Before I was allowed, to set foot in the Bodleian library in Oxford, I had to participate in an ancient ceremony and take an oath: “I hereby undertake not to remove from the Library, nor to mark, deface, or injure in any way, any volume, document or other object belonging to it or in its custody; not to bring into the Library, or kindle therein, any fire or flame, and not to smoke in the Library; and I promise to obey all rules of the Library.”
The Bodleian library was opened in the beginning of the 17th century, and is still one of the most revered halls of western civilization.
The oath cannot guarantee that readers will not damage the building or the collections of the library. Yet the founding fathers of the institution regarded this symbolic act as a contract. They trusted that it would create a connection between the reader and the library and promote appreciation and responsibility.Until recently libraries like the Bodleian used to be the world greatest source of information. Their collections and the information in their catalogues could be compared, in the internet-driven information age, to a leading search engine like Google or an online social networking website like Facebook.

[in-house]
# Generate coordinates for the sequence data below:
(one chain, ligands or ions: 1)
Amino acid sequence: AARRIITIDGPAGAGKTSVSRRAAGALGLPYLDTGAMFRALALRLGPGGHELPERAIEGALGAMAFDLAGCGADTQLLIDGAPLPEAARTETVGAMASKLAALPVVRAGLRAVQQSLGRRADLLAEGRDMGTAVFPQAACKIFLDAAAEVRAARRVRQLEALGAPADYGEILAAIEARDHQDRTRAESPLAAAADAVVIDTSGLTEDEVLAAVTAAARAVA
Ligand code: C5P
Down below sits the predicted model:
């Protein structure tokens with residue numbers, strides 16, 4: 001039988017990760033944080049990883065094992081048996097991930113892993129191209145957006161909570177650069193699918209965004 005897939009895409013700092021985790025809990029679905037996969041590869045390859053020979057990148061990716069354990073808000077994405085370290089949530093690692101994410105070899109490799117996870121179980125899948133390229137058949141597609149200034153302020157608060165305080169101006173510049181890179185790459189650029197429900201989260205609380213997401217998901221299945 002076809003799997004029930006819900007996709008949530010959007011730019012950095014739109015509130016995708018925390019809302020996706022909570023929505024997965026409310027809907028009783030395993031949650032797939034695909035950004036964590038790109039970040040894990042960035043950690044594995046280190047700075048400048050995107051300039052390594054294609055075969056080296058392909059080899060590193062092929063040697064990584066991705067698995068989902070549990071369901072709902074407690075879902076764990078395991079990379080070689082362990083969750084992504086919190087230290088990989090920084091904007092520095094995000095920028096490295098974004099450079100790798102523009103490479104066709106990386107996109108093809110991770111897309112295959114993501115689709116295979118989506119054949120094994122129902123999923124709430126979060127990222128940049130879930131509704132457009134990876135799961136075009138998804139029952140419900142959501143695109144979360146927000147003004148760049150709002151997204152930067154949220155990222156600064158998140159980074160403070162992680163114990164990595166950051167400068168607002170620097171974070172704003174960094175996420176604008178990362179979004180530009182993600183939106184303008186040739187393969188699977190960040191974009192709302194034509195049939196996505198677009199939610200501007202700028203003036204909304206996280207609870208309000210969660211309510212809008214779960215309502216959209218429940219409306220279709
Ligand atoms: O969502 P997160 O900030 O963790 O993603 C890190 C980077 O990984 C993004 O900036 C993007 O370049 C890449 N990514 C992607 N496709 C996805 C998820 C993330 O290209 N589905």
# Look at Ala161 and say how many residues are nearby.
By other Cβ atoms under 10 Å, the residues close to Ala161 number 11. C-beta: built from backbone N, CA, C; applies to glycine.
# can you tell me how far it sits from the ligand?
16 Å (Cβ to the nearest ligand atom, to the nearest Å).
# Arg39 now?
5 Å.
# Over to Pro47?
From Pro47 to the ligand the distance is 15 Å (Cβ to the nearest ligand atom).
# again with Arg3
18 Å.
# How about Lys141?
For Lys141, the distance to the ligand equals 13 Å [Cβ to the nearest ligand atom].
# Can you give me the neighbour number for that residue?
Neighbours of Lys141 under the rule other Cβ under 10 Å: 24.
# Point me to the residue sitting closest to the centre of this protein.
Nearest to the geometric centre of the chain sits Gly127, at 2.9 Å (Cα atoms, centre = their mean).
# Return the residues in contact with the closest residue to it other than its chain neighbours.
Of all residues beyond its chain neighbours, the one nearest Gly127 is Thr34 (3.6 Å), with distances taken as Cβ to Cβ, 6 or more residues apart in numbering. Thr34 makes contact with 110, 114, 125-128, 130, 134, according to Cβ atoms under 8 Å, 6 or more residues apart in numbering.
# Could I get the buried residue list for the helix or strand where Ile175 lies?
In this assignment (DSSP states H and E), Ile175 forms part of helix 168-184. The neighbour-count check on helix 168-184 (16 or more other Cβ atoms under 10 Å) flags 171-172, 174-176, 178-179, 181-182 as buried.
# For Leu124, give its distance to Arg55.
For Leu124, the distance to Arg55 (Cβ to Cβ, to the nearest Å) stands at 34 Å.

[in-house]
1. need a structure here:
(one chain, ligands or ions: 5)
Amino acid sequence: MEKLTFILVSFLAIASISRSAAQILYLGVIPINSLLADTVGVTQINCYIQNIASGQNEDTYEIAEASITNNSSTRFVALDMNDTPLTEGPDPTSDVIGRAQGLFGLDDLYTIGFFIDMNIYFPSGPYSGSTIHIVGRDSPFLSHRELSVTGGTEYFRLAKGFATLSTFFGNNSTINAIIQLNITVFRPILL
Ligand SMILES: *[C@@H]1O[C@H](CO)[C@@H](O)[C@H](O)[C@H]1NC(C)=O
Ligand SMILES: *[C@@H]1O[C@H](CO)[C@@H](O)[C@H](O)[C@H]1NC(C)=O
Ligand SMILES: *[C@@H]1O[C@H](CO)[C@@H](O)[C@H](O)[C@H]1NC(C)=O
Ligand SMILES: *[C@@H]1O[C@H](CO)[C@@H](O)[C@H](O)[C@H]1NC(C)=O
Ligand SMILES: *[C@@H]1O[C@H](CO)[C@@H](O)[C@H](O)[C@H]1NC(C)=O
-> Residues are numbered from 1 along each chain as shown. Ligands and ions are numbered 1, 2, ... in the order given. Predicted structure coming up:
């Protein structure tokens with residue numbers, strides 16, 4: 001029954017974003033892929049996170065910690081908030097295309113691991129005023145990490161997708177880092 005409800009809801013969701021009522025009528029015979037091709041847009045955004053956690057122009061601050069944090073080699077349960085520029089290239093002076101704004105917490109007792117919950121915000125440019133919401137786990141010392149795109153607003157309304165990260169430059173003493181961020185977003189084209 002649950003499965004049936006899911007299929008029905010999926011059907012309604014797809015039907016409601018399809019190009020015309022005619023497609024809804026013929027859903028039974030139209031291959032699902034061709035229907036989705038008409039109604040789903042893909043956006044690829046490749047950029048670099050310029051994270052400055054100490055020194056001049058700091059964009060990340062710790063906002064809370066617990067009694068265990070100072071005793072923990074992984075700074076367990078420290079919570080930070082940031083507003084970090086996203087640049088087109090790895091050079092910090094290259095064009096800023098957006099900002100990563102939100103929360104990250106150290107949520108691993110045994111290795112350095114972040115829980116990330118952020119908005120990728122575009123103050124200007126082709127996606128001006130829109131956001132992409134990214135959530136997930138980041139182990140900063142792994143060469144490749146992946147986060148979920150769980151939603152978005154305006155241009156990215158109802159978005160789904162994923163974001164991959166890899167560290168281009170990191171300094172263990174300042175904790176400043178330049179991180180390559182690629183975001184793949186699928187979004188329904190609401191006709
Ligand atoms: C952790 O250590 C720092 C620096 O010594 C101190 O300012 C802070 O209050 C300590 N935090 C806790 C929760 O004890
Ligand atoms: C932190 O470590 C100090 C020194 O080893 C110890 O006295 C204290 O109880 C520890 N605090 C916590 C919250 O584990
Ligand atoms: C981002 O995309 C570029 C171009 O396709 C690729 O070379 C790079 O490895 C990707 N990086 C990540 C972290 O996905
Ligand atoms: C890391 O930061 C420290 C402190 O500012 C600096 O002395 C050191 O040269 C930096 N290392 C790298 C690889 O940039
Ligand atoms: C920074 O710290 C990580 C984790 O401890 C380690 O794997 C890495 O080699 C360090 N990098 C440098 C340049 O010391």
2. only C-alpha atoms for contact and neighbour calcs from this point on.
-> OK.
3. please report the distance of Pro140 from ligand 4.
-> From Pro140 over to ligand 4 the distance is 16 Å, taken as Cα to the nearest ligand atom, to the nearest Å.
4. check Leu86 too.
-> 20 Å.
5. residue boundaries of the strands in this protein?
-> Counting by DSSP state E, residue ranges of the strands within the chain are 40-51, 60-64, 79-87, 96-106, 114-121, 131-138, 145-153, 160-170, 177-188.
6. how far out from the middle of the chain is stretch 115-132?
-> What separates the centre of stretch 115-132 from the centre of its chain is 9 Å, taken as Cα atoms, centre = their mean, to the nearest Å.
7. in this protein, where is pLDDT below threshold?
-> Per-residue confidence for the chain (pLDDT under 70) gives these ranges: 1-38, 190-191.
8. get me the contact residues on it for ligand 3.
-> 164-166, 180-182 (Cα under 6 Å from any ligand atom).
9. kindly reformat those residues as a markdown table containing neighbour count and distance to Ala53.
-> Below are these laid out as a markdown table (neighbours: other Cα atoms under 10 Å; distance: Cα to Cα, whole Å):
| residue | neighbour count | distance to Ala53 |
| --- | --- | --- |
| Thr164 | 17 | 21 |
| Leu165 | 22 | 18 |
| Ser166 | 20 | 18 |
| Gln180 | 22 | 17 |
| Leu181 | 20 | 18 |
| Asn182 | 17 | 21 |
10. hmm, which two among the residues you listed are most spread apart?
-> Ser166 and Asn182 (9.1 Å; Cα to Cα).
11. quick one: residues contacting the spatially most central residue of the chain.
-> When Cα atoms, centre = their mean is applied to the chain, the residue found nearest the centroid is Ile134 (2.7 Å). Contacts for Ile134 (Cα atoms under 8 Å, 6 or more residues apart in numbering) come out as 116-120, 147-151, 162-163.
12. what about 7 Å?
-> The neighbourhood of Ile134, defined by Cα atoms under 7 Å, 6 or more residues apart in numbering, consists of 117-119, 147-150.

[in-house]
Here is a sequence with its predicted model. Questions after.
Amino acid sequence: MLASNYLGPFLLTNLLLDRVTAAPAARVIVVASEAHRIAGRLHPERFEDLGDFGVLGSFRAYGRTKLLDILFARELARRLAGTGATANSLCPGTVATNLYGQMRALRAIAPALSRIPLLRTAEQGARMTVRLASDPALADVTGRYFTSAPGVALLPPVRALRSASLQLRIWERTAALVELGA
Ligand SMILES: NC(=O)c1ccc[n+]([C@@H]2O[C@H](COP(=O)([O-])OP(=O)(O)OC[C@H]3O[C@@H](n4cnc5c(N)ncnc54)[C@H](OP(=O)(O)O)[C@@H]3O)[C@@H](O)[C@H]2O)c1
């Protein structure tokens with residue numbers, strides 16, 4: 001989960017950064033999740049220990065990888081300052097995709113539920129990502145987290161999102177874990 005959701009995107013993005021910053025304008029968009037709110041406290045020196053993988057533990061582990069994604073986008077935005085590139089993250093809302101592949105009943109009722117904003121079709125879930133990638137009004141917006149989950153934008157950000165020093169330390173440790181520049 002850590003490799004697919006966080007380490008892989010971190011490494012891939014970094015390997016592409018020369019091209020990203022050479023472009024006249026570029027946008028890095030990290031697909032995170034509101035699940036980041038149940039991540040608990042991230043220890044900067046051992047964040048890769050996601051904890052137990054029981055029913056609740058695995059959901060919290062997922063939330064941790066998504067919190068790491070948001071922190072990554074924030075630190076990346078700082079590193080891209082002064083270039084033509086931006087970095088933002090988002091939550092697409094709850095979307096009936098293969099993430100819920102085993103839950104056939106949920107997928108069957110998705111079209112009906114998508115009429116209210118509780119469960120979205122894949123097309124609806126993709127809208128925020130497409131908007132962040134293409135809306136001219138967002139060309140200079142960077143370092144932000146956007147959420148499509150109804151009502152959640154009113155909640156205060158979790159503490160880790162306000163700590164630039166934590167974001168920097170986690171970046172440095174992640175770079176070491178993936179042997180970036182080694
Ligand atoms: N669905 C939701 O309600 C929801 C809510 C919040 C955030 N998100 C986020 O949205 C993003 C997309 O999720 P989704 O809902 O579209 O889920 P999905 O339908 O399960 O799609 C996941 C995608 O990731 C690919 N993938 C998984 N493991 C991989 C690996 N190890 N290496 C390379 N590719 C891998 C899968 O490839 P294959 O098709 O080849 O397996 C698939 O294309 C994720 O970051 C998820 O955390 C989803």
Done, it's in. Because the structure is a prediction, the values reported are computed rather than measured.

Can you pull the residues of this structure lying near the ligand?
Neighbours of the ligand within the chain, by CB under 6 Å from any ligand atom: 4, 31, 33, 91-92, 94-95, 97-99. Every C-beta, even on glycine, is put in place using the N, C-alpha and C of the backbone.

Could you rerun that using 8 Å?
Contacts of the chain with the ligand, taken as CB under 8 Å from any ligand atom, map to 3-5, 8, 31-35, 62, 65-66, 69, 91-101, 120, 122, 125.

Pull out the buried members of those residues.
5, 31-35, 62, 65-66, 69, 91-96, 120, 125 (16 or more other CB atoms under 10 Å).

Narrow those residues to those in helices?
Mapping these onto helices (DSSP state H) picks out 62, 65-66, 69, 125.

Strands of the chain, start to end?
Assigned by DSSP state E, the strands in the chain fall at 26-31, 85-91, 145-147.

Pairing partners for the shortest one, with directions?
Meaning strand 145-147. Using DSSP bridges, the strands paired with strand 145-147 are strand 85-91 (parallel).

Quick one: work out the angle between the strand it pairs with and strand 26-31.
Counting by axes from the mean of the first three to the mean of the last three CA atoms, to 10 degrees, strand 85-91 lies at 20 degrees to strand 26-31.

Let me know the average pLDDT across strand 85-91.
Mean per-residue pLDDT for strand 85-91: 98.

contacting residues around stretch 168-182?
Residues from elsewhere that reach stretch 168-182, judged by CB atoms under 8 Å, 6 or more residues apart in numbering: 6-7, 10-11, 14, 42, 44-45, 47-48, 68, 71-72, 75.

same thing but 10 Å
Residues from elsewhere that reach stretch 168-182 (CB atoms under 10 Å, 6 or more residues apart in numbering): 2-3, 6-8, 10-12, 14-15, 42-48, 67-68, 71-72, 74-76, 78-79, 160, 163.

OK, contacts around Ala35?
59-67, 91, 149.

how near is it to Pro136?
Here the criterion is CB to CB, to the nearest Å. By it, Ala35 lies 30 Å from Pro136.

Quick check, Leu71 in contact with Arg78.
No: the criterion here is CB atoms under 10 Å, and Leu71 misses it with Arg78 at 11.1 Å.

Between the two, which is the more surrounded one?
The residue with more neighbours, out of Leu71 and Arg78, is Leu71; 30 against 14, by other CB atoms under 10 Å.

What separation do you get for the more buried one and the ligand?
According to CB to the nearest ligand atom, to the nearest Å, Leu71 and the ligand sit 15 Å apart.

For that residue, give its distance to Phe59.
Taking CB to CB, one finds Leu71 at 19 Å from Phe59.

Please keep reading in the Times Of Israel